Time is Peculiar
Other than the obvious usability goals, we also saw that we could optimize the database around some of the peculiarities of time series. It’s insert only, we need to aggregate and downsample, we need to automatically evict high-precision data in the cases where users want to free up space. We could also build compression that was optimized for time series data. We also organized the data in a way that would index tag data for efficient queries. At the database level, there were many optimizations we could get.
Going Beyond a Database to Make Development Easier
The other advantage in building specifically for time series is that we could go beyond the database. We’ve found that most users run into a common set of problems they need to solve—how to collect the data, how to store it, how to process and monitor it, and how to visualize it.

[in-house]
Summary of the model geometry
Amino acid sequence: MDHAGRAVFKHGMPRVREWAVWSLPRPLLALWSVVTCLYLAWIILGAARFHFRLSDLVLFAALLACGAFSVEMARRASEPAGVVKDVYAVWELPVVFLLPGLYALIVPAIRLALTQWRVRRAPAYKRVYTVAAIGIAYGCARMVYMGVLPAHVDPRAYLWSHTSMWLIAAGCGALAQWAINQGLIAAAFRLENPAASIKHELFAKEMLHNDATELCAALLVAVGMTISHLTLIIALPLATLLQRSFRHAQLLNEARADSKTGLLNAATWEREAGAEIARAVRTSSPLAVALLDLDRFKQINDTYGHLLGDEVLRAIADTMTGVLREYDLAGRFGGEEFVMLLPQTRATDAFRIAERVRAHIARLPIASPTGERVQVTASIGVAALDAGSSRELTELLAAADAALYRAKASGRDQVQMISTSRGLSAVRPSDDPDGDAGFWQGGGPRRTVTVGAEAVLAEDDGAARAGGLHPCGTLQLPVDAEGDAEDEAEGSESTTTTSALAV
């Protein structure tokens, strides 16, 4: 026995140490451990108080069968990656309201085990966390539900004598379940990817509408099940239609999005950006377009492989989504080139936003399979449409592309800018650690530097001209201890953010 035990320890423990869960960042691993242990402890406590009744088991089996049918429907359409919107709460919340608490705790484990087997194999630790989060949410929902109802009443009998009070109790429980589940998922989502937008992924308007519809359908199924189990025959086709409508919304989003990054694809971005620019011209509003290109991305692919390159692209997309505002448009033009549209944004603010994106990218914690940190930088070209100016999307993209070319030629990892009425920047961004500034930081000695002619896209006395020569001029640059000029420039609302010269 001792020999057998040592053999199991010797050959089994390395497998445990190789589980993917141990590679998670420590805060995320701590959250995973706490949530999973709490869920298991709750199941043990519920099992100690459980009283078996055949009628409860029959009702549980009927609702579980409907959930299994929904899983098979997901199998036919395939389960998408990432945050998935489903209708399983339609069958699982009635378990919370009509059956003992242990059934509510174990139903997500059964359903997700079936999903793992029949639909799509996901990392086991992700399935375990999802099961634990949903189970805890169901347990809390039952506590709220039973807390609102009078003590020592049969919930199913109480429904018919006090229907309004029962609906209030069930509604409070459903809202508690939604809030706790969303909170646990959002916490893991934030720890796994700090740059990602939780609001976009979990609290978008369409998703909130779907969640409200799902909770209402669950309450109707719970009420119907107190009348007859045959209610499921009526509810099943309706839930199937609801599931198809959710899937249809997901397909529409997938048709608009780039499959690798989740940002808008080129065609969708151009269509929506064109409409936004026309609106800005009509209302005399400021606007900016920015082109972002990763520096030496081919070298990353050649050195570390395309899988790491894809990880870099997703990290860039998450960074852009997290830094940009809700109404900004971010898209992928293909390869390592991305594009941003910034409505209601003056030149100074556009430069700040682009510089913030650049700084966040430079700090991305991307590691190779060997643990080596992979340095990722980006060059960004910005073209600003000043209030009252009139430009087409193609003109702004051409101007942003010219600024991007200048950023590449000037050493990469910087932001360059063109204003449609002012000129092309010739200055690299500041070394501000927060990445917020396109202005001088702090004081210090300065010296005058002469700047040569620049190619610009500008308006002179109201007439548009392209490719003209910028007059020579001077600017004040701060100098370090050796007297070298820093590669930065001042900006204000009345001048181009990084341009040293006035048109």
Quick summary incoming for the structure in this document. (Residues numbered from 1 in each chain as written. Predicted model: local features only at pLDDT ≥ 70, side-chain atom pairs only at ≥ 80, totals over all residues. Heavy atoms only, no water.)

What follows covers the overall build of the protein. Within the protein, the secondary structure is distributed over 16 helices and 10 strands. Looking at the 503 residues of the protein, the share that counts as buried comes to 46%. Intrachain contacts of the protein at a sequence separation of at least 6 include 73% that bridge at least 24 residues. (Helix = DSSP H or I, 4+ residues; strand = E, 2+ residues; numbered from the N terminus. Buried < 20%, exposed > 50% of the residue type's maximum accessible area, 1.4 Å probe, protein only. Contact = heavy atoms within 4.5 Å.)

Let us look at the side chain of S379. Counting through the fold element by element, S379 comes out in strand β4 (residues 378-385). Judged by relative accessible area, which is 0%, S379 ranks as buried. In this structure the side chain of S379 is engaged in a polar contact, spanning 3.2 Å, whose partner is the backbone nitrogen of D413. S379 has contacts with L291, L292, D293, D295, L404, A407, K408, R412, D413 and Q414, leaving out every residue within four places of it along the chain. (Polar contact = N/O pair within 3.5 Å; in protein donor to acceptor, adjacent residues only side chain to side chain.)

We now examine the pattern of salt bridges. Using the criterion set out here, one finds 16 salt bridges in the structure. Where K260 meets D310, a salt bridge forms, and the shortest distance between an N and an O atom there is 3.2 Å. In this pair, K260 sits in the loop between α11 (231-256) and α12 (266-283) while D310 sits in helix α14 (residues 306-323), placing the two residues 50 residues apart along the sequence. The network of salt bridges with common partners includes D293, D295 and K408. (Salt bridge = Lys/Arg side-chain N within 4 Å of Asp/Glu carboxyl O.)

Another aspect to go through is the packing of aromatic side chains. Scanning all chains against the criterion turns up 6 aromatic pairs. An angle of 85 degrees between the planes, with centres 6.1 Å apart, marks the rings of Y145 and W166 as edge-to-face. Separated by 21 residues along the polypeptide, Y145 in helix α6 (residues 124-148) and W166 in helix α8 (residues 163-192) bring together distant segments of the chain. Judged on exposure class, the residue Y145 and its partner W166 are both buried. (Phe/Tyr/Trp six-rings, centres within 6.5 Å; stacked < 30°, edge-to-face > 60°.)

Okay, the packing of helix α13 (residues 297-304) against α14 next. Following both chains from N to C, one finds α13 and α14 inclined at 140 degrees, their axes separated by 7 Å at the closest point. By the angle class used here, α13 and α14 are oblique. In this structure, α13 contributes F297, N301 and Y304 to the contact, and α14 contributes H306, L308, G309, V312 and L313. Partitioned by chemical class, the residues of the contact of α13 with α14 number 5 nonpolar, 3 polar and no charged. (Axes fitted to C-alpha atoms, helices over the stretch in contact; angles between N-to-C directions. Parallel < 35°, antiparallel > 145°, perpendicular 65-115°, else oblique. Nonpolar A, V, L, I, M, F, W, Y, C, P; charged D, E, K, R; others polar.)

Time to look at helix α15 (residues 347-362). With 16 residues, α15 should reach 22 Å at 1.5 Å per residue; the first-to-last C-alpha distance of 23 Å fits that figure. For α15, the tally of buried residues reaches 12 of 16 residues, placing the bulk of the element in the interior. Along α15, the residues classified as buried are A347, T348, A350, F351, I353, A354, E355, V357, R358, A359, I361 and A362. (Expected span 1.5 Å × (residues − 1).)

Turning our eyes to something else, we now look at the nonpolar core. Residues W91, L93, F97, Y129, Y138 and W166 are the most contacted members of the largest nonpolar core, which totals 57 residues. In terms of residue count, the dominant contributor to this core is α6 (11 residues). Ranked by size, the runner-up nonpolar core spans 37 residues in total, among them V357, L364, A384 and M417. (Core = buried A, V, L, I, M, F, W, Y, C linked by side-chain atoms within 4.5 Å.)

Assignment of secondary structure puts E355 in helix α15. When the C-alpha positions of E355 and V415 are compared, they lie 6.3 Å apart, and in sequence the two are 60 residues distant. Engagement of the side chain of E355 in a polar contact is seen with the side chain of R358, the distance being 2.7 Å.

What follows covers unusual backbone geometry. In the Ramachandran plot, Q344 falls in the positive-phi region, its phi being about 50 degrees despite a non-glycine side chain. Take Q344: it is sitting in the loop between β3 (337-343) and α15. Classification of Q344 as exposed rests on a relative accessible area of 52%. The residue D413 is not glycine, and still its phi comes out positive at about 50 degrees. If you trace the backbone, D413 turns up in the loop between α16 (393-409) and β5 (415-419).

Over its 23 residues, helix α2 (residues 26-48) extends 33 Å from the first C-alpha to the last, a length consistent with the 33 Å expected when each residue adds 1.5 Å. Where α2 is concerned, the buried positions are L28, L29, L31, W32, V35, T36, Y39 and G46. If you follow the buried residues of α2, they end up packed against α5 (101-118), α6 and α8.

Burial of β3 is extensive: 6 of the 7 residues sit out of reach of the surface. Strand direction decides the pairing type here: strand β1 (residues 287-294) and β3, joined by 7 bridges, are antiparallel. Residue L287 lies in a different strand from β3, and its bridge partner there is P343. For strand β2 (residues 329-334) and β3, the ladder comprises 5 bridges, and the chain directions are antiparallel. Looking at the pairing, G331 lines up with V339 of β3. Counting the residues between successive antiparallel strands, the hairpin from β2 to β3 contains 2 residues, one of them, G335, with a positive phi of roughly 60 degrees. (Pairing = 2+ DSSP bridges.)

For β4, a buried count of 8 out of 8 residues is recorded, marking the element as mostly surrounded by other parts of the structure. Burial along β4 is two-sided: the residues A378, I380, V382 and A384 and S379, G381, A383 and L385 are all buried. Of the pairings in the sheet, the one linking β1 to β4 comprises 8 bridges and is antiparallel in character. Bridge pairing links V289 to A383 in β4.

We’ve also found that having a common API makes it easier for the community to build solutions around our stack. We have the line protocol to represent time series data, our HTTP API for writing and querying, and Kapacitor for processing. This means that over time, we can have pre-built components for the most common use cases.
We find that we can get better performance than more generalized databases while also reducing the developer effort to get a solution up by at least an order of magnitude. Doing something that might have taken months to get running on Cassandra or MySQL could take as little as an afternoon using our stack. And that’s exactly what we’re trying to achieve.
By focusing on time series, we can solve problems for application developers so that they can focus on the code that creates unique value inside their app.
|About the Author:||Paul is the creator of InfluxDB. He has helped build software for startups, large companies and organizations like Microsoft, Google, McAfee, Thomson Reuters, and Air Force Space Command. He is the series editor for Addison Wesley’s Data & Analytics book and video series. In 2010 Paul wrote the book Service Oriented Design with Ruby and Rails for Addison Wesley’s. In 2009 he started the NYC Machine Learning Meetup, which now has over 10,000 members. Paul holds a degree in computer science from Columbia University.|